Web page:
An annual review by the office of New York Comptroller Tom DiNapoli found the city of Albany ranked among the most financially troubled municipalities in the state.
The number of fiscally-stressed municipalities this year is the lowest since DiNapoli instituted his so-called "early-warning system" in 2013. The ratings are based on 2016 year-end figures.
DiNapoli spokesman Brian Butry: "This is the fourth year that we've done fiscal stress scores for municipalities around the state, and what we've seen each year is the number of municipalities that have been labeled or designated as 'fiscally stressed' has declined each year. So that's a positive when we're looking at the financial health of these communities around the state."
According to the comptroller, Albany is one of the most fiscally stressed municipalities in New York. "What we are looking at is their fund balance and their usage of fund balance, the fact that that has declined over a number of years. And what we don't wanna see with many municipalities around the state but definitely with Albany, is kind of a continued reliance on these rainy day reserves to fund your budget, because eventually they may run out and you're left with a significant revenue hole in your budget and the question becomes 'how are you going to fill that?'”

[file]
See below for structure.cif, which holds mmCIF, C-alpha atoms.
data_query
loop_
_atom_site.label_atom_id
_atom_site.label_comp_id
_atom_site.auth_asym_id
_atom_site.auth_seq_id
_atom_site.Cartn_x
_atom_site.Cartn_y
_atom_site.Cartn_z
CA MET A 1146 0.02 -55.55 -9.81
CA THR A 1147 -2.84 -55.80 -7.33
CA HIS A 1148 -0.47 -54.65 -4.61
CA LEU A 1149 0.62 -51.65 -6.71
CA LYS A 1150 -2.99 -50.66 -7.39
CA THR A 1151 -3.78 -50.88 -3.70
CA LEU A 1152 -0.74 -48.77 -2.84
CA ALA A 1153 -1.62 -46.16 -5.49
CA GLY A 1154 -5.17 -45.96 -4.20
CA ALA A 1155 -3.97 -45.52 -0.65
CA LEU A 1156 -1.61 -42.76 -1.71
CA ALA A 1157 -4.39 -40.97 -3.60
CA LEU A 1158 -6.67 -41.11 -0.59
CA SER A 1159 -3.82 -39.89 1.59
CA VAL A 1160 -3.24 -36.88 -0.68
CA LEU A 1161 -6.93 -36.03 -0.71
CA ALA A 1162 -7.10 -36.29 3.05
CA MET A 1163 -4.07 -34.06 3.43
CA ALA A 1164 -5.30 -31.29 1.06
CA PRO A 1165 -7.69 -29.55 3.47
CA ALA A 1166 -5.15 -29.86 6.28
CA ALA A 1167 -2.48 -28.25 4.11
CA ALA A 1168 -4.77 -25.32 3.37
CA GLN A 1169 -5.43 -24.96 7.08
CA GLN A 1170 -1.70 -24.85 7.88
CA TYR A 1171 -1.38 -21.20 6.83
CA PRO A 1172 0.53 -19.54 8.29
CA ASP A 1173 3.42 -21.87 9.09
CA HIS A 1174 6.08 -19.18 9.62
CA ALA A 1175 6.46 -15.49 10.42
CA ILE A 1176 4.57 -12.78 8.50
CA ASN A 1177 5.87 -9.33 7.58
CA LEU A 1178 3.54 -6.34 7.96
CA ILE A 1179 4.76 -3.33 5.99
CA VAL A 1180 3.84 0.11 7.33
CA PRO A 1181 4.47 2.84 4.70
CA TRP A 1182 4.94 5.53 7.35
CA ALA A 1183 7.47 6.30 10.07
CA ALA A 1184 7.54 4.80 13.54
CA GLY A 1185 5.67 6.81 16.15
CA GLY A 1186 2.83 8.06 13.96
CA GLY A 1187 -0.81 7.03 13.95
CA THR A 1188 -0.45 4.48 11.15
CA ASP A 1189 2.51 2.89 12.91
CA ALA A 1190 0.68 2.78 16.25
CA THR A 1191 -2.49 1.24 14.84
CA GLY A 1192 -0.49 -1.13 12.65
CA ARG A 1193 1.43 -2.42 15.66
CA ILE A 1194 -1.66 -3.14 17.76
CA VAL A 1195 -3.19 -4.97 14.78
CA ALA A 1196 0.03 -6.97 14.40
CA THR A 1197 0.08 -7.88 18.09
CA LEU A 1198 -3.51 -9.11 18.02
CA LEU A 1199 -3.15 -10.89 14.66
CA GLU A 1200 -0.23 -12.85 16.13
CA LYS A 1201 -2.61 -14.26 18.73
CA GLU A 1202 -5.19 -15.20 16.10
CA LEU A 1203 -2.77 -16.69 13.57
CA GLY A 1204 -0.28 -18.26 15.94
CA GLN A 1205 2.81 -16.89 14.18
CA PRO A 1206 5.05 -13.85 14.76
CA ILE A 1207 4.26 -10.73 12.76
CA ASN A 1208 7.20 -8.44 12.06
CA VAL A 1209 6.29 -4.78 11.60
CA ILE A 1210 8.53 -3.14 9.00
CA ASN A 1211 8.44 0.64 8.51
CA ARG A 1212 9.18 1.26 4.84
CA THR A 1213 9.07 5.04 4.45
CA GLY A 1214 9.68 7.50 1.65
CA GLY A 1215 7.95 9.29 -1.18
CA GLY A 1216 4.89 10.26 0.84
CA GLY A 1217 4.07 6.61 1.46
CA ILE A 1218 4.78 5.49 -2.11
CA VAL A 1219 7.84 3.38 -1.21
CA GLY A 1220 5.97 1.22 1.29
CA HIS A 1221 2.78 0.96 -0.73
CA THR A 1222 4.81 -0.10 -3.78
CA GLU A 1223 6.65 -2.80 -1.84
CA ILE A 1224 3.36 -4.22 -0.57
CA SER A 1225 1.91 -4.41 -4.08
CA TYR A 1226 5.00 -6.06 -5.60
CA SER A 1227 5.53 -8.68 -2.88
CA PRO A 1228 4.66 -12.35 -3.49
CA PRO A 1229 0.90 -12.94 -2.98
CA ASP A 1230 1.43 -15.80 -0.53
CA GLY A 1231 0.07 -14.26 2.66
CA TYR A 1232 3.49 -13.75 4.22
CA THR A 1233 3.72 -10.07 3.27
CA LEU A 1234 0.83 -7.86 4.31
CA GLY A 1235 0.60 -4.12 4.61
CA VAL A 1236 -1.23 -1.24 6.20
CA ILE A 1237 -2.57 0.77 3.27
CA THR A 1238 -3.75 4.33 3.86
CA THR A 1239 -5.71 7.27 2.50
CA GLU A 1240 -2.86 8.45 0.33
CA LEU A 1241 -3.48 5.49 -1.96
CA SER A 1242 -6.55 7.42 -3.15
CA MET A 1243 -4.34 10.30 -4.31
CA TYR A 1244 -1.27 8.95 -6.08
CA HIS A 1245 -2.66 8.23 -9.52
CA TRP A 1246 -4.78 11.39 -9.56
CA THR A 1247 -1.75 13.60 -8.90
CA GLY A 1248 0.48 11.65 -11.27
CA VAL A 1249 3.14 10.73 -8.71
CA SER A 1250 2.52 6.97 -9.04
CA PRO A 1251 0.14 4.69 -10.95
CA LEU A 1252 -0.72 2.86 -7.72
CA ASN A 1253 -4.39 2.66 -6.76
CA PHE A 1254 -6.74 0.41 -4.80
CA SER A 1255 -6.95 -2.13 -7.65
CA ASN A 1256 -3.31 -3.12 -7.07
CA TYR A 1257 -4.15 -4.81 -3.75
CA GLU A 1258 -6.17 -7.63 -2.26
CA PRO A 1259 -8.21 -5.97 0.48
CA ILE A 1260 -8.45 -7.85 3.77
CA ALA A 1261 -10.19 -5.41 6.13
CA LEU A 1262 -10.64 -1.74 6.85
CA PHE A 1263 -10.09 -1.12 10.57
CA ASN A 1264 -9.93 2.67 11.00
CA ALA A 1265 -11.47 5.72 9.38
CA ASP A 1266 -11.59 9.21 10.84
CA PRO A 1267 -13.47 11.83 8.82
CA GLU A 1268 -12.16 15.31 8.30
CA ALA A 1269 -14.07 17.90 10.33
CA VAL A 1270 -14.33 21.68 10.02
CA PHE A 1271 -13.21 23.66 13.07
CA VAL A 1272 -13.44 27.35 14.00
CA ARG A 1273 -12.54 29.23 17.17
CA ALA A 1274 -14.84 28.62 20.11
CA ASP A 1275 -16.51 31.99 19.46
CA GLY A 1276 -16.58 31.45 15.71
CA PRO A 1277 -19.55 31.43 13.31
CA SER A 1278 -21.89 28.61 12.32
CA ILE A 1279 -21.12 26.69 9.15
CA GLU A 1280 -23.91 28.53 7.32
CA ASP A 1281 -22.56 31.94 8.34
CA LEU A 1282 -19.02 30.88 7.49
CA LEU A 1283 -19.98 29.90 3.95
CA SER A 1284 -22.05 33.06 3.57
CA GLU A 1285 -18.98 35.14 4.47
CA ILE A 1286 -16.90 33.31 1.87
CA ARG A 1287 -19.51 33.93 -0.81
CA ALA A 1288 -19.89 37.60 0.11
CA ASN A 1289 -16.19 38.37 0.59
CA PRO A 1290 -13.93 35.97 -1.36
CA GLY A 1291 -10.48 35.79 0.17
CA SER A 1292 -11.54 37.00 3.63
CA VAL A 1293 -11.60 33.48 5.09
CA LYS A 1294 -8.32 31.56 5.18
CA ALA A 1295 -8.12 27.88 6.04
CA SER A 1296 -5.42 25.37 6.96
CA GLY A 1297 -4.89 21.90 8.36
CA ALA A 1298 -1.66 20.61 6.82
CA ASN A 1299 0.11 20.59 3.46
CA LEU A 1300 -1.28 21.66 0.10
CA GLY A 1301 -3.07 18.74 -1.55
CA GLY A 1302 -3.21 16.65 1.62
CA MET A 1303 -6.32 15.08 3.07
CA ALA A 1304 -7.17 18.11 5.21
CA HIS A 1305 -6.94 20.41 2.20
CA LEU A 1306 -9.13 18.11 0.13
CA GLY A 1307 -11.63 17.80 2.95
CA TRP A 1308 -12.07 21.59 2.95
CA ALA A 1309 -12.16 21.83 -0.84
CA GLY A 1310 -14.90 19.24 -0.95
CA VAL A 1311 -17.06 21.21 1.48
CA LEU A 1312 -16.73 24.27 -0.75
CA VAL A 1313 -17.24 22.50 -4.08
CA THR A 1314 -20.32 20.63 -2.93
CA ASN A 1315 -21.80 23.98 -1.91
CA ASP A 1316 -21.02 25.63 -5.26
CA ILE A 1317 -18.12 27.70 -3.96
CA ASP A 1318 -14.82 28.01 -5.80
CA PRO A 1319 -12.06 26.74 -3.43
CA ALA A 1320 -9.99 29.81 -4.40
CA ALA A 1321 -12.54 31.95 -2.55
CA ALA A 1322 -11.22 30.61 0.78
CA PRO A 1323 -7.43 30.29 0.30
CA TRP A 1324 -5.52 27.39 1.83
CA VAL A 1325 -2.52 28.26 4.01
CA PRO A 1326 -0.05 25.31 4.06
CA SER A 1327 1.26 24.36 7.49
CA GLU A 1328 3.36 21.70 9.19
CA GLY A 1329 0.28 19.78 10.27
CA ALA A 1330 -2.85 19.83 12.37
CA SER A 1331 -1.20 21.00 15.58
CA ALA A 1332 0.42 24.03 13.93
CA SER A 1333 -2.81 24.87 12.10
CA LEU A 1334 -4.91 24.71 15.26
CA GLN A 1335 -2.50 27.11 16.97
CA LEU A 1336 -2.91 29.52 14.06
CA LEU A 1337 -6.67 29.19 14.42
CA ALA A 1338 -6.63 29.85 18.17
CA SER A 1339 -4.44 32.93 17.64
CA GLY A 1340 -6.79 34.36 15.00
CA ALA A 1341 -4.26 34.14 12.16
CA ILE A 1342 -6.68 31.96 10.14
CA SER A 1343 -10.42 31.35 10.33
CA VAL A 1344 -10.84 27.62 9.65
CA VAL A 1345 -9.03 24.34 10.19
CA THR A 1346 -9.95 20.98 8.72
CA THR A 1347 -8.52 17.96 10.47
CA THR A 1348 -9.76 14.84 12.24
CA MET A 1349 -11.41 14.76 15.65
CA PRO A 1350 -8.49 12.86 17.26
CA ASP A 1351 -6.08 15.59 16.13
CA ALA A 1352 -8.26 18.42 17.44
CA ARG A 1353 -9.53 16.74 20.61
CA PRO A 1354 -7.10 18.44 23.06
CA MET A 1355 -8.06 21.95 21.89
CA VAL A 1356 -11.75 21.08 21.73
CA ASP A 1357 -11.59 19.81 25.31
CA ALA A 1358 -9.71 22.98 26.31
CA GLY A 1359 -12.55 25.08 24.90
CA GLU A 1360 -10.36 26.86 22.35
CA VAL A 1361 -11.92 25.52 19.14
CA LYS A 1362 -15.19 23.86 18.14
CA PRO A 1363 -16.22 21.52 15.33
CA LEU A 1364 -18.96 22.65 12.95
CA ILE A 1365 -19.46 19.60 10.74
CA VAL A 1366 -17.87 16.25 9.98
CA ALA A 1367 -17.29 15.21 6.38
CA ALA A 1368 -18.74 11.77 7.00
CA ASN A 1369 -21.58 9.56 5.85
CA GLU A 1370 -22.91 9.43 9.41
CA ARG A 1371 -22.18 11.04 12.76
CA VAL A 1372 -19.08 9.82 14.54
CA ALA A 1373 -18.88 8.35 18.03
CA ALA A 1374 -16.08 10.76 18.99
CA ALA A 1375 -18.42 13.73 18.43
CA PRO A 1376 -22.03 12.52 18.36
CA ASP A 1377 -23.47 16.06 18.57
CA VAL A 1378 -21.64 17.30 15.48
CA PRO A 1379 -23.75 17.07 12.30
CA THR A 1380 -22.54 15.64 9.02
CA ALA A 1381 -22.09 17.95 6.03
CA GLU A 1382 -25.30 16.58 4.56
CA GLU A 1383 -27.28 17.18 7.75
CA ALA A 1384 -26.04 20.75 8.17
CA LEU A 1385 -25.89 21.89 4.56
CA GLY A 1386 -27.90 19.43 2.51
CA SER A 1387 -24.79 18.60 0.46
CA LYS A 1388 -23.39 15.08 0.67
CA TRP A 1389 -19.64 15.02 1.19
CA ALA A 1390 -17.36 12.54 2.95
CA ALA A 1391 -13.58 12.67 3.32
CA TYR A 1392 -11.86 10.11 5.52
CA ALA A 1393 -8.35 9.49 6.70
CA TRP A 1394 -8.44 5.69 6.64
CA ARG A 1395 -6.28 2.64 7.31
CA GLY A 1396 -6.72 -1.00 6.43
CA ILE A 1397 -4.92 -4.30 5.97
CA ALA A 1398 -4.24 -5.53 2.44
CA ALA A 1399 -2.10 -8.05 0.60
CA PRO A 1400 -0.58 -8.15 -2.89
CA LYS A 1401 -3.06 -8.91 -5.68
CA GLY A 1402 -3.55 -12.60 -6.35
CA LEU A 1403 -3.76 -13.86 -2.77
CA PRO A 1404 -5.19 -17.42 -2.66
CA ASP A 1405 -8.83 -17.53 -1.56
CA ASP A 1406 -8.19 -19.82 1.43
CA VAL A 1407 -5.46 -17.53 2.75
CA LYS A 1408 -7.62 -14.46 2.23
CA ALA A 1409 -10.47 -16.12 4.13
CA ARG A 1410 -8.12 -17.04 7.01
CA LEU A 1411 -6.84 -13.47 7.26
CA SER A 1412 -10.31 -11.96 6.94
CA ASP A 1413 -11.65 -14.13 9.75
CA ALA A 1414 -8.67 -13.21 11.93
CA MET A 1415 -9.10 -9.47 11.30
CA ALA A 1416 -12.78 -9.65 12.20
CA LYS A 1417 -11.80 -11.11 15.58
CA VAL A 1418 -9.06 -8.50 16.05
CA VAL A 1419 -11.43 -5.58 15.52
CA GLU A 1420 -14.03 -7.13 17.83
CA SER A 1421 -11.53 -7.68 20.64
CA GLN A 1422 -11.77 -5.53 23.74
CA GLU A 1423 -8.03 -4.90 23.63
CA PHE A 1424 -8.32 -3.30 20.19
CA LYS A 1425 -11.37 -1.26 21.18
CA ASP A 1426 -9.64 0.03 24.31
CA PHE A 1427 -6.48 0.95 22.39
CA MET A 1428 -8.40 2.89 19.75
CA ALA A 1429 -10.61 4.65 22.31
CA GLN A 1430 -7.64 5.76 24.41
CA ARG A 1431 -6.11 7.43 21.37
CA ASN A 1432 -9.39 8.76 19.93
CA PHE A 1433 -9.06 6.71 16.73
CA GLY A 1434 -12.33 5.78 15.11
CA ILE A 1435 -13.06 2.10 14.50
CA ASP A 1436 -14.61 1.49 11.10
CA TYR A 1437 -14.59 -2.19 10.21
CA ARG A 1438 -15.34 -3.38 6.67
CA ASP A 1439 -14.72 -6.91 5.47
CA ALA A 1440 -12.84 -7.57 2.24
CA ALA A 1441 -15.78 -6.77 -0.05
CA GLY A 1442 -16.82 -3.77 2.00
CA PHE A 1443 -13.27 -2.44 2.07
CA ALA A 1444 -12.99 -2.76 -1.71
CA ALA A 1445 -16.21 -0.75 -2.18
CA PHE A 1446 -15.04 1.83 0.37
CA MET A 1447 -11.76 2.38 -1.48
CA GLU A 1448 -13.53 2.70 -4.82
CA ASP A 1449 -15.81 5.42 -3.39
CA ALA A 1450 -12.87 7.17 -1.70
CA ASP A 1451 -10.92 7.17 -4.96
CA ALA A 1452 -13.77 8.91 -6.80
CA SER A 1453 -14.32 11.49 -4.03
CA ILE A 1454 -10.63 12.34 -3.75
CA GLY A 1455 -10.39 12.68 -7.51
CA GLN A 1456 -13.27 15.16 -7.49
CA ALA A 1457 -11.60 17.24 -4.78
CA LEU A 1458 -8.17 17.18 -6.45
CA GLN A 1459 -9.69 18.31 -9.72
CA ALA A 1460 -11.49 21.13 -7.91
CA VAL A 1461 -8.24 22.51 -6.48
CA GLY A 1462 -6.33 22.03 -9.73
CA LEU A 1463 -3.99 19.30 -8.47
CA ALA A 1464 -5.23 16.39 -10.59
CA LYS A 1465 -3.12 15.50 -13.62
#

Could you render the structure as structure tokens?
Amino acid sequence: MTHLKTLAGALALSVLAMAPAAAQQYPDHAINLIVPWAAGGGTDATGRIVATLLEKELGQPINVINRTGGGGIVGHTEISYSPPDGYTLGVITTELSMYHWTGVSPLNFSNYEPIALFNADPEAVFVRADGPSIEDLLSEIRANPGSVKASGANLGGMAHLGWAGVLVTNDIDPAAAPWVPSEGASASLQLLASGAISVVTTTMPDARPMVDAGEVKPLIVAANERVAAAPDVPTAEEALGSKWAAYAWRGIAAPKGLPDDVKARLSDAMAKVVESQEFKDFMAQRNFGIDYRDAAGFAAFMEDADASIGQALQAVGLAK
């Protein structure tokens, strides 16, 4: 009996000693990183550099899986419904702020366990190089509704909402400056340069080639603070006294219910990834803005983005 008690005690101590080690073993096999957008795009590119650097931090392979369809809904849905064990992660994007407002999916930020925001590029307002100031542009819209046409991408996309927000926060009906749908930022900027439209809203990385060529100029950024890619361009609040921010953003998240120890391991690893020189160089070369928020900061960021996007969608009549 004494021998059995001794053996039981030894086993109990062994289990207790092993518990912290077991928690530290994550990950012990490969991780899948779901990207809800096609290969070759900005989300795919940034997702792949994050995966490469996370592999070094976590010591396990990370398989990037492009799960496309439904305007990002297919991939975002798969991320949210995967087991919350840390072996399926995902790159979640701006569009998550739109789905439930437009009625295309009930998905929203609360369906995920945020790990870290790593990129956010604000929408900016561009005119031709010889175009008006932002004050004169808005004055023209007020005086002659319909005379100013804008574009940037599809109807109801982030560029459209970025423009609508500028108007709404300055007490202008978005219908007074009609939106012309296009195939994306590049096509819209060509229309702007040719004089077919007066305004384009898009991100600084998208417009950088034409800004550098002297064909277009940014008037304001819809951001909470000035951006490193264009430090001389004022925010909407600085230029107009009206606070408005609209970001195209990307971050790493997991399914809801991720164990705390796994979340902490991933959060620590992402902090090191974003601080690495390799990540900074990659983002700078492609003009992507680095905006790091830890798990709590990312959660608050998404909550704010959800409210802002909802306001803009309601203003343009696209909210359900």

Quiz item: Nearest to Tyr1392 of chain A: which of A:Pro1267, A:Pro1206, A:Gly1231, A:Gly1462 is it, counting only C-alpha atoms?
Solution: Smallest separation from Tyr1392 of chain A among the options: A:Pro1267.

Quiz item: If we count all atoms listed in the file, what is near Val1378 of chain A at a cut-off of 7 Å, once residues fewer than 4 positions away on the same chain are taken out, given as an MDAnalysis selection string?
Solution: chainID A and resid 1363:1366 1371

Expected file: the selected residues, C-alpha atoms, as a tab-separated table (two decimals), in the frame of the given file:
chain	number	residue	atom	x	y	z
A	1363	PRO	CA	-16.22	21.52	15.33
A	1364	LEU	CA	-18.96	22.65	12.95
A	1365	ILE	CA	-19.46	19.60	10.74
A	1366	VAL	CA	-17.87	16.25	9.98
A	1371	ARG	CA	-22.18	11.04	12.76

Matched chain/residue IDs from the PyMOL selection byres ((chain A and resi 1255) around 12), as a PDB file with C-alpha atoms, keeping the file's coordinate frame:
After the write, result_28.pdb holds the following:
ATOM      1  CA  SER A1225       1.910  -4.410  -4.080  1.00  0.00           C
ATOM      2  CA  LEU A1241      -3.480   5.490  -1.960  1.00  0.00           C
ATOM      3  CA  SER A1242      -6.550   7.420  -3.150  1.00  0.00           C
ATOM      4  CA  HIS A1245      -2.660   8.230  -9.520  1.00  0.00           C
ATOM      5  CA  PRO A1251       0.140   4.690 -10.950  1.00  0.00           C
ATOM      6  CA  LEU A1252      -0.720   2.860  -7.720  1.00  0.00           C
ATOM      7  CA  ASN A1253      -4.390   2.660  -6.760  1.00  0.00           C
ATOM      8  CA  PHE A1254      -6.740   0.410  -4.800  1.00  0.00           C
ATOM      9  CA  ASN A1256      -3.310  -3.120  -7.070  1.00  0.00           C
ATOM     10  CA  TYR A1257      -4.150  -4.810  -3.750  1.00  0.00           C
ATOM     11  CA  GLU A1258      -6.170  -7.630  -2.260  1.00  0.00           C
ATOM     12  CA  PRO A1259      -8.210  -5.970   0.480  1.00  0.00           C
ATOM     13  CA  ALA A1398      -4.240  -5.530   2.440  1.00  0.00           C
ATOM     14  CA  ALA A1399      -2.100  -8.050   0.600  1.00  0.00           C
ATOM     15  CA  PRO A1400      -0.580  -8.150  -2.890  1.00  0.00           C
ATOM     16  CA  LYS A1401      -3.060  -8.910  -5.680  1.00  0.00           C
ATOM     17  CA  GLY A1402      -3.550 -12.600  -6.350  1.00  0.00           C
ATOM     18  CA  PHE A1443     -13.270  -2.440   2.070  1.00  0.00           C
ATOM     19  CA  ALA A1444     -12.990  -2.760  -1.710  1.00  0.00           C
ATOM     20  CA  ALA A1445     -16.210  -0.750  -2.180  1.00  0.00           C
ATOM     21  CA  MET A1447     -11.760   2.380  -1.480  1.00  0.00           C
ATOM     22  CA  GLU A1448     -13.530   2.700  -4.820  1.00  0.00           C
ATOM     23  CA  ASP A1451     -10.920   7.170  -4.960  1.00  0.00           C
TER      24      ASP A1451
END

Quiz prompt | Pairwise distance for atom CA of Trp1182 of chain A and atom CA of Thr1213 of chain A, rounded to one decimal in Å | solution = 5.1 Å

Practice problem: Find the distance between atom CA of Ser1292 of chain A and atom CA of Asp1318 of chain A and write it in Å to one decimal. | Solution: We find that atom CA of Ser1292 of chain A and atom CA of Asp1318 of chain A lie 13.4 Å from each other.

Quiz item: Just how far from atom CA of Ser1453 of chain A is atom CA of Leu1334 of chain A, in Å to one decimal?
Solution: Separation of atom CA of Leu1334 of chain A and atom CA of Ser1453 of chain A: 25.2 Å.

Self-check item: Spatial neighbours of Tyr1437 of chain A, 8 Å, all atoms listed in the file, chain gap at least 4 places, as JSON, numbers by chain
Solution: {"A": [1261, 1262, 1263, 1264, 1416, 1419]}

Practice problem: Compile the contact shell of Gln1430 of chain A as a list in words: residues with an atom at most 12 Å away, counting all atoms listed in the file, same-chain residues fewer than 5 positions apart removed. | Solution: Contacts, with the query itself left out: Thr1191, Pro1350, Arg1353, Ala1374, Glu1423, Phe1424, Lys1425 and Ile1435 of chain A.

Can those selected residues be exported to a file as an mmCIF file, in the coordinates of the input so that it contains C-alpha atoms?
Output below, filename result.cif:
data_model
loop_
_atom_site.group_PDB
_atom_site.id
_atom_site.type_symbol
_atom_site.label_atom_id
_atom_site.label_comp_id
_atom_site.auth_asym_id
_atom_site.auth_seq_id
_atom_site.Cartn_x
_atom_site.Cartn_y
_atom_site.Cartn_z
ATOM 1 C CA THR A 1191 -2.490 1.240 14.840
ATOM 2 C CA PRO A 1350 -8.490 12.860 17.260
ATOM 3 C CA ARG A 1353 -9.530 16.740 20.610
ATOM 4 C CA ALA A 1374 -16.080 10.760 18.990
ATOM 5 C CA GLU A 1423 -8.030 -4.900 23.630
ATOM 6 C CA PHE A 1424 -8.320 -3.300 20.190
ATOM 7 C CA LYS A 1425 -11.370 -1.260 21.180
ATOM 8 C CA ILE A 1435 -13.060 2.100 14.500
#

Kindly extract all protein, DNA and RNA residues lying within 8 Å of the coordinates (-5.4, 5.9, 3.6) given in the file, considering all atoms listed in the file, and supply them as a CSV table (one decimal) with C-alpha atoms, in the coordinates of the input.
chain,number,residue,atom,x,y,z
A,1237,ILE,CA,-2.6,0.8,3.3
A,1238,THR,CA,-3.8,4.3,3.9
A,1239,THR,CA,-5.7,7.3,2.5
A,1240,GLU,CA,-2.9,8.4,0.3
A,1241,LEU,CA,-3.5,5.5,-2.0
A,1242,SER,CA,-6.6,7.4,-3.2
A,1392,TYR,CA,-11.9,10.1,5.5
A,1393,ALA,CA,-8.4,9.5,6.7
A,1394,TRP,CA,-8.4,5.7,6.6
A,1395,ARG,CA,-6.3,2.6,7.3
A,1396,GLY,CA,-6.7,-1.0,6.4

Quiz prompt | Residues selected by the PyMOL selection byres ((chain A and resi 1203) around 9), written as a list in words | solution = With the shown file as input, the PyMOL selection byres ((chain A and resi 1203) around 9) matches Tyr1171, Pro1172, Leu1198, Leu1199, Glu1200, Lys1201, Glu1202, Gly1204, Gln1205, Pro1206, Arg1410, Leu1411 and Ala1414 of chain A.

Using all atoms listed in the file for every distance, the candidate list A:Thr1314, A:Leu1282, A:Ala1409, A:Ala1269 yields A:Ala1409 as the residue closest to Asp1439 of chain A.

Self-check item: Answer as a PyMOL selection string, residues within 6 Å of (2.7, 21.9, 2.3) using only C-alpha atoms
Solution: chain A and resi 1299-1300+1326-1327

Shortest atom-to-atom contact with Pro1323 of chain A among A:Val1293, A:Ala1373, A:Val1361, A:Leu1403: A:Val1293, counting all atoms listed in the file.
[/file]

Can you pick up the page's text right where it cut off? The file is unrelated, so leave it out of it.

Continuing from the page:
Mayor Kathy Sheehan, whose budget proposal is to be released Monday, says the numbers show Albany’s score improved slightly over the previous year. "This fiscal stress score is completely in line with and consistent with what we have known and what I communicated, I think, very clearly. Which is that we are supposed to build back up our fund balance. And that the surplus that we saw last year, was not because we did not need the $12.5 million. It's because we were able to manage to a surplus. And this fiscal stress score shows that even with that surplus, which was factored in here, we still are under significant fiscal stress. And that's because we need to demonstrate that we can continue to balance the budget and grow fund balance. And that is the path that we are on. But that path must include $12.5 million of permanent aid for the city of Albany so that we can be treated in a more fair manner from the state."
Butry responded "Thankfully, Albany did see an improvement in that over last year, relied a little but less on that and they're trending now toward improving their score once again next year, so that's a good sign I think for the city."
The city of Watervliet along with Broome and Monroe counties joined Albany in the “significant” category. Monroe County has the highest fiscal stress of any municipality in the state.
Municipalities in Stress: Fiscal Years Ending 2016
The Fiscal Stress Monitoring System and resulting fiscal stress designations rely on data (as of 12/31/2016) from annual financial reports submitted by local governments to the Office of the State Comptroller.